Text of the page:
Midi : Litterally speaking, Midi means midday, but the word has come also to designate the south of France, i.e. the part over which the sun stands at midday, when seen from a northern perspective. As a spatial concept, the word Midi is very vague, and there is no specific point at which a traveller from the north enters the Midi. For some it is a small area, just including the Mediterranean coastal plain and its direct hinterland, a region characterised by mediterranean climate and vegetation. For others it is anywhere south of  the level of Valence, or even south of a line betwen Lyon and Bordeaux. The word is included in the name of the area called Midi Pyrénées (see below), which thus has a strong claim to be considered as part of the Midi. Alternatively, the Midi is perceived as equivalent to the historic area of Occitania , which is more extensive than the new region of Occitanie, set up in 2016, as it includes all the southern half of France where people spoke dialects of Occitanian French rather than dialects of the standard French of the Ile de France.

Midi Libre : Regional daily newspaper founded in 1944 in Montpellier, and distributed throughout the Languedoc region and the department of the Aveyron. Part of the Sud-Ouest news group since 2001. See longer article on Newspapers in France.

Midi-Pyrénées : was in terms of surface, the largest of France's administrative regions.  Covering eight departments, the Midi Pyrenees, capital Toulouse, stretches from the Pyrenees to the Massif Central. It is largely rural and agricultural. In 2016 it was merged with neighbouring Languedoc Roussillon to form the new region of Occitanie.

Millau. Town in the Aveyron department, on the river Tarn, and site of the new Viaduc de Millau on the A75 motorway.

Mimolette : A round cheese, made in the area of Lille in the north of France. Its orange colour is the result of the addition of natural coloring. The cheese was originally made as a French variation of the Dutch Edam cheese, to which it is very similar.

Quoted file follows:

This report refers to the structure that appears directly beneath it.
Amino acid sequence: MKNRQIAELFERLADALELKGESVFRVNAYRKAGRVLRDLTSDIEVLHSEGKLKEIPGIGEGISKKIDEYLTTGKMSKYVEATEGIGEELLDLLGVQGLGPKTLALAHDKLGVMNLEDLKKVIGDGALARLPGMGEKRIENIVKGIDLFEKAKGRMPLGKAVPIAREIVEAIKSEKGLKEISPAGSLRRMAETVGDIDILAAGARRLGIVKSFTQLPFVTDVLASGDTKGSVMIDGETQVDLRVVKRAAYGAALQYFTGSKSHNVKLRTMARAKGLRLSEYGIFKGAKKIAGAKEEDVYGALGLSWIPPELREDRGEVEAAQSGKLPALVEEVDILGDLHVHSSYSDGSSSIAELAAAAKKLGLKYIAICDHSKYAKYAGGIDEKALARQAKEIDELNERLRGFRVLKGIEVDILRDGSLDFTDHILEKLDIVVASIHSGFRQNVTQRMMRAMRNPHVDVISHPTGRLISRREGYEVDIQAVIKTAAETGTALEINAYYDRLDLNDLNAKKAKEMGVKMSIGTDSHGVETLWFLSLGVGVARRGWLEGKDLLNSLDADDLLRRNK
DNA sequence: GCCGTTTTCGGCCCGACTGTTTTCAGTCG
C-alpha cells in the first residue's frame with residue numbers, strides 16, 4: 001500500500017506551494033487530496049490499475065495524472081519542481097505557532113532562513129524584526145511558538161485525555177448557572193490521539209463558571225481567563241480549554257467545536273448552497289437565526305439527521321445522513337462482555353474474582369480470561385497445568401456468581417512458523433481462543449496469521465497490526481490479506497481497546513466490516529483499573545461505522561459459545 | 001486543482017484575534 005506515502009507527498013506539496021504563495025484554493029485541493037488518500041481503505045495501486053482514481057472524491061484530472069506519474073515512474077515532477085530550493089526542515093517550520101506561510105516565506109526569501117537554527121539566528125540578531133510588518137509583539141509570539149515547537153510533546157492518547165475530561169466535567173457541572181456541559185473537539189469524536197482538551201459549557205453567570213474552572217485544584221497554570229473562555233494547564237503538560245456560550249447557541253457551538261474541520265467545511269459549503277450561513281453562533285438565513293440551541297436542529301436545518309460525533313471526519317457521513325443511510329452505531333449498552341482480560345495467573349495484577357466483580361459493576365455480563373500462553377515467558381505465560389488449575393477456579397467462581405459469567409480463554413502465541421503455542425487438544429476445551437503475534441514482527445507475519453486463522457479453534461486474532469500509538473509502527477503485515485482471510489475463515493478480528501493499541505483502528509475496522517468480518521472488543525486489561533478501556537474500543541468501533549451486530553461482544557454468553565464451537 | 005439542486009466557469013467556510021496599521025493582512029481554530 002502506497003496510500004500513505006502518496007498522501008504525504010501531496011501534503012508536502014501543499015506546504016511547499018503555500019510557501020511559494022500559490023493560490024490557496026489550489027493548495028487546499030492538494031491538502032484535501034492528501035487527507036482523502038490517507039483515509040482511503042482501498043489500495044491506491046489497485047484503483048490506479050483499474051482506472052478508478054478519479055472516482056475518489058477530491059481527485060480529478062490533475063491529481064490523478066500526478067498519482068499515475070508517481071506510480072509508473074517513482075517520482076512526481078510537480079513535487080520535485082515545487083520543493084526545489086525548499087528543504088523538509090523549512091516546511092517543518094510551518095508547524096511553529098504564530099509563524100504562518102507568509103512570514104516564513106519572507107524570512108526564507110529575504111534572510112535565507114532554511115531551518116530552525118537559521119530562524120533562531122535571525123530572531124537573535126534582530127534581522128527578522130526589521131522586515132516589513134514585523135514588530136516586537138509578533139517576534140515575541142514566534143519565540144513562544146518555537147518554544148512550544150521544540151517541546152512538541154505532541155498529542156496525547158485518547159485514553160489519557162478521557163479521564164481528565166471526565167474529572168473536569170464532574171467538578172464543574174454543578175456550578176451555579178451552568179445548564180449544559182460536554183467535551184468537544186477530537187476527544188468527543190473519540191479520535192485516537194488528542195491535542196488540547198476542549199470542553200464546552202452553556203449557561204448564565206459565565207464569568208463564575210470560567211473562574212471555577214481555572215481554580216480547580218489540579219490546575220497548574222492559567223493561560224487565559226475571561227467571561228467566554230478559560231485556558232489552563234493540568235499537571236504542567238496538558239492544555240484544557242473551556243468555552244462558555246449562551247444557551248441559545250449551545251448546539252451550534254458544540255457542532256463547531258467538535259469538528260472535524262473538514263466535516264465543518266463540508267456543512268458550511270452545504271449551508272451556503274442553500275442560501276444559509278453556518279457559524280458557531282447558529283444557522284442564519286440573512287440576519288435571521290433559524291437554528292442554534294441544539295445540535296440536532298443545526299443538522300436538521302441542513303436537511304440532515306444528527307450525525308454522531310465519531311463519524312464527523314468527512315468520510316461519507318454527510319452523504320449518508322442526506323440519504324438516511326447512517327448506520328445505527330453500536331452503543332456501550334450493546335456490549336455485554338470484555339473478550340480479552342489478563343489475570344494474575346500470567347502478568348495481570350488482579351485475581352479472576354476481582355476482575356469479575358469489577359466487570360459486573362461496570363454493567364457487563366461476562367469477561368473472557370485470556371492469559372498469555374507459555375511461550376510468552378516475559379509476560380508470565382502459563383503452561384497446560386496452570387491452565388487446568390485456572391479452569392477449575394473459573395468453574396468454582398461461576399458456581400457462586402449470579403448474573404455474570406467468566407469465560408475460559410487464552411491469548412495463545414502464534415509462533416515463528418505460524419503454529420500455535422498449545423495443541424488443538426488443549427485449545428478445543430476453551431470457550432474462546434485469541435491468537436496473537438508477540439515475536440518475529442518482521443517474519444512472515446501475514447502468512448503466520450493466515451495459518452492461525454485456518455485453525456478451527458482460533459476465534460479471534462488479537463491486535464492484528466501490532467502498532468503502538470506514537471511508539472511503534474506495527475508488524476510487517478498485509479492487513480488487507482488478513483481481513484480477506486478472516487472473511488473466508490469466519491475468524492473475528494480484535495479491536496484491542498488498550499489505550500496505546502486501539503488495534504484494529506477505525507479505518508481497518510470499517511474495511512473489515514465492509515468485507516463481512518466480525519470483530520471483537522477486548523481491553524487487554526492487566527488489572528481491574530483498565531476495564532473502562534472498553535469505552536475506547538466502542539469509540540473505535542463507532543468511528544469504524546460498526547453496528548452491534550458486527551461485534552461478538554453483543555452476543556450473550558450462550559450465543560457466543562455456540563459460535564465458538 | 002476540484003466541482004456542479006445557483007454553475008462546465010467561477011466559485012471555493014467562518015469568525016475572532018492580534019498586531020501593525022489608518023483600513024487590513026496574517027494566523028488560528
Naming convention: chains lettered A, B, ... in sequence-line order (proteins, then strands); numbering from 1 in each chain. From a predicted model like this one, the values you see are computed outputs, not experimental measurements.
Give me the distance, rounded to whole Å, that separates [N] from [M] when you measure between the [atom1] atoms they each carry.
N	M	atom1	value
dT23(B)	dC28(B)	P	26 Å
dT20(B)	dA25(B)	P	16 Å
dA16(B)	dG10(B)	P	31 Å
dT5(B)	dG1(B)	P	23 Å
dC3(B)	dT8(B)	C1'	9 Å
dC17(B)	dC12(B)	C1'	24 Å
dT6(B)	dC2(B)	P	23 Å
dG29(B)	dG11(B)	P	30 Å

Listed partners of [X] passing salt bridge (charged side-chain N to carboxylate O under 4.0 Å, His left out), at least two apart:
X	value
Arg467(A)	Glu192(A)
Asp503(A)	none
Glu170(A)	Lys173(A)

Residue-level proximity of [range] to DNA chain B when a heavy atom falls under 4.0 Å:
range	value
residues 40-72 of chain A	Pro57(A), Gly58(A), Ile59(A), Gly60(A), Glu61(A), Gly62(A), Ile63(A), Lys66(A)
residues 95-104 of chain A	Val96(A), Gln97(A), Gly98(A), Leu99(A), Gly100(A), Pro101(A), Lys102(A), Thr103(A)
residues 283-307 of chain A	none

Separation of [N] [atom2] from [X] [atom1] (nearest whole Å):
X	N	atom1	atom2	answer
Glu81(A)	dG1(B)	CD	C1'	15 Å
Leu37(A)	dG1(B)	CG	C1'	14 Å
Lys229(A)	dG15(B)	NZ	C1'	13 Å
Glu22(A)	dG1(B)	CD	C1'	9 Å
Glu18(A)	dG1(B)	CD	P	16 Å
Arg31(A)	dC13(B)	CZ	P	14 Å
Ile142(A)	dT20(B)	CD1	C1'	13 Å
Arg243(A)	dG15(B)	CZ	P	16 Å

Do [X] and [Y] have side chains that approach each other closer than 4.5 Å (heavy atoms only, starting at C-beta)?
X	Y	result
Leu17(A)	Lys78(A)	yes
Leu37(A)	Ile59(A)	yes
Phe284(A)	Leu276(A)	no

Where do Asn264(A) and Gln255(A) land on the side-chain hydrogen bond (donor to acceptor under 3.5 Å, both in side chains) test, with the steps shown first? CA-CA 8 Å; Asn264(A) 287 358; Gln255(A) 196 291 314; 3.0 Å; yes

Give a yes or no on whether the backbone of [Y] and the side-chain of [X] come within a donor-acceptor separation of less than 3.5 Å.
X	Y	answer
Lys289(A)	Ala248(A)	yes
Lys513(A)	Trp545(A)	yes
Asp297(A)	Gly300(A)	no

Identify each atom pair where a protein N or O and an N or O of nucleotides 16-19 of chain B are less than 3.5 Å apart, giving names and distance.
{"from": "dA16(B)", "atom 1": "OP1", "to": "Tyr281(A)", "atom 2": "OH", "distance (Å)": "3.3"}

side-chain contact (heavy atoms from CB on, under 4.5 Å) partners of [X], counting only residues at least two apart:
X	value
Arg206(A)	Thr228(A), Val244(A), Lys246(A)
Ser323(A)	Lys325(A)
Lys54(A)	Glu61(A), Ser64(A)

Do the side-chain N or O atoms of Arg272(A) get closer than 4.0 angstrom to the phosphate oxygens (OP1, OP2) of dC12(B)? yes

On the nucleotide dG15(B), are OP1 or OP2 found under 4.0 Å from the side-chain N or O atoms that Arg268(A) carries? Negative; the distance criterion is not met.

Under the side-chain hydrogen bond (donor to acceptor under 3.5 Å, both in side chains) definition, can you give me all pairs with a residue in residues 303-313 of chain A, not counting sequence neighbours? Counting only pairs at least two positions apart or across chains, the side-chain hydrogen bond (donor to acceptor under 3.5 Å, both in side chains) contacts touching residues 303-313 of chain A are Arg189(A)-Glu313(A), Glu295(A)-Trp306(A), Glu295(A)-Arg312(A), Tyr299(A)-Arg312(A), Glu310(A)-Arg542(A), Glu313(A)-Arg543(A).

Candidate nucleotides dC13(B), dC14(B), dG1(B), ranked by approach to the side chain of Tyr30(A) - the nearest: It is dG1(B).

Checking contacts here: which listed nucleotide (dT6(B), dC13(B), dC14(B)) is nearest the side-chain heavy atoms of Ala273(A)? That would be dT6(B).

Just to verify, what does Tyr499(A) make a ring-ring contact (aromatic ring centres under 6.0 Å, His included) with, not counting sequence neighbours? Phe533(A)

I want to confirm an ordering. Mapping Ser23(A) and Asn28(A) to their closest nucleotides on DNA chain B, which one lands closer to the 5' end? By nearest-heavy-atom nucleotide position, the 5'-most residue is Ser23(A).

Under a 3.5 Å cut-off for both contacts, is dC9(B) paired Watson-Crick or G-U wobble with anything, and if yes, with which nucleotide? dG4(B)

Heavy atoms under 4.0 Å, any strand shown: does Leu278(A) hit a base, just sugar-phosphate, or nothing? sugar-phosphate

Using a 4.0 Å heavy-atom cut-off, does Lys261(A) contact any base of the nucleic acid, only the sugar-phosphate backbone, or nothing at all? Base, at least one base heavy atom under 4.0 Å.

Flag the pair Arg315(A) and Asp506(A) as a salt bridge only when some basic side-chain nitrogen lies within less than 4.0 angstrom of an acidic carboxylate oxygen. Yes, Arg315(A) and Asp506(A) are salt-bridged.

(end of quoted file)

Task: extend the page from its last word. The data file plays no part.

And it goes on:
Minitel A first generation computerised videotext system, the Minitel briefly put France into the position of world leader in videotext access. Launched in 1982, the Minitel system rapidly entered the majority of French households and offices thanks to a masterly government policy of offering the basic terminals free to all telephone subscribers. Several years before the Internet explosion, the Minitel offered French telephone subscribers free access to a range of information services, including national telephone directories; it also offered a number of pay-per-view services, receipts from which were designed to help pay back the investment in the system. However, the success of the Minitel was also instrumental in slowing down France's uptake of the Internet. While the government remained keen to protect and promote this French technological success in the face of competition from a foreign system, many Minitel service providers also had a good reason to defend the system too. Provision of information via the Minitel, charged by the second,  rapidly became seen as a lucrative activity (notably for the "Minitel rose" sites) - far more so than via Internet, where most general  information is provided free of charge to the viewer. This economic disincentive meant that many major French providers of Information, such as the SNCF, were reluctant to replace, or even complement, slow but profit-making  Minitel services by faster free Internet services - thus delaying French uptake of the Internet.